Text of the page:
The overall goal of this cluster is to decenter the United States and transnationalize the study of this country’s role globally. We do so by incorporating global, transnational, and interdisciplinary perspectives to expand the traditional locus of enunciation that has confined the study of the US within and by national borders. To reach this goal we focus on interdisciplinary transnational perspectives on the US rooted in other parts of the world to then better understand our unique domestic context. Transnationalizing the study of anything attends to the multidirectional and multilayered movements of ideas, objects, peoples, and problems that exceed the nation as a unit of analysis; it would be attentive to the power of states and borders without being conceptually bound by them.
Methodologically, transnational studies aim to probe and analyze various kinds of flows (e.g., military power, cultural trends, legal norms) and their material and ideational effects. Examples of research methods suited to this paradigmatic agenda would include ethnography (e.g., of policy-making, international law enforcement, flows of technology), comparative discourse analysis and translational projects (e.g., competing and overlapping meanings ascribed to human rights), and grounded theory approaches to explain phenomena that qualify as transnational (e.g., ideological debates within globalized feminist politics, anti-neoliberalism and anti-war social movements).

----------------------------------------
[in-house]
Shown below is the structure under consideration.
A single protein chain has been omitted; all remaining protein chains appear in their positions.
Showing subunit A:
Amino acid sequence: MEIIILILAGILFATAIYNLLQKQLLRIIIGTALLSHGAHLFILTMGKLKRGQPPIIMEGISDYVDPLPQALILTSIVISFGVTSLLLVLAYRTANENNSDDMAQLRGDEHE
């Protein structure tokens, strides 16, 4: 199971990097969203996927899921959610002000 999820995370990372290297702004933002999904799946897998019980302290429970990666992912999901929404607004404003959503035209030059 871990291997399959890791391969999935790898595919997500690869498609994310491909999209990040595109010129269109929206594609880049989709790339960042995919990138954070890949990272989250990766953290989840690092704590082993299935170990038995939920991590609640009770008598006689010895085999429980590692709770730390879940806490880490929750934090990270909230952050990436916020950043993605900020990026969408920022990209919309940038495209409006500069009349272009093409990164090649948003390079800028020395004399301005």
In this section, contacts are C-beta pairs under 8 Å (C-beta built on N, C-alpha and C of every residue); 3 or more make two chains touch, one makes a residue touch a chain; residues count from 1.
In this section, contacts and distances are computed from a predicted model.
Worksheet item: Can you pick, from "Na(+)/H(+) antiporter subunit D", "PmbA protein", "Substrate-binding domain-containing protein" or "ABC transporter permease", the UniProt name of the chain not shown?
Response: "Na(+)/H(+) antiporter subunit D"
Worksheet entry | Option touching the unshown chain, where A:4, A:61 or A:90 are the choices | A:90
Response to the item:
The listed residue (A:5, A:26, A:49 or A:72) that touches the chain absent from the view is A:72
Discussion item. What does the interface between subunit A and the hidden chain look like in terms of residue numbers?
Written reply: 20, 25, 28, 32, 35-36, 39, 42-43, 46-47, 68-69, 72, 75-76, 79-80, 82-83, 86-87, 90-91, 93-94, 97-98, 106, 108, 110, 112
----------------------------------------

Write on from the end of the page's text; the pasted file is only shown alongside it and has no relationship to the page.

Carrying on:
In particular, we focus on transnational and global communities that are affected by and interact with the U.S. empire, racial capitalism, and geopolitics. This study includes, but is not limited to, a critical analysis of the genealogy and roots of the United States’ influence on the world.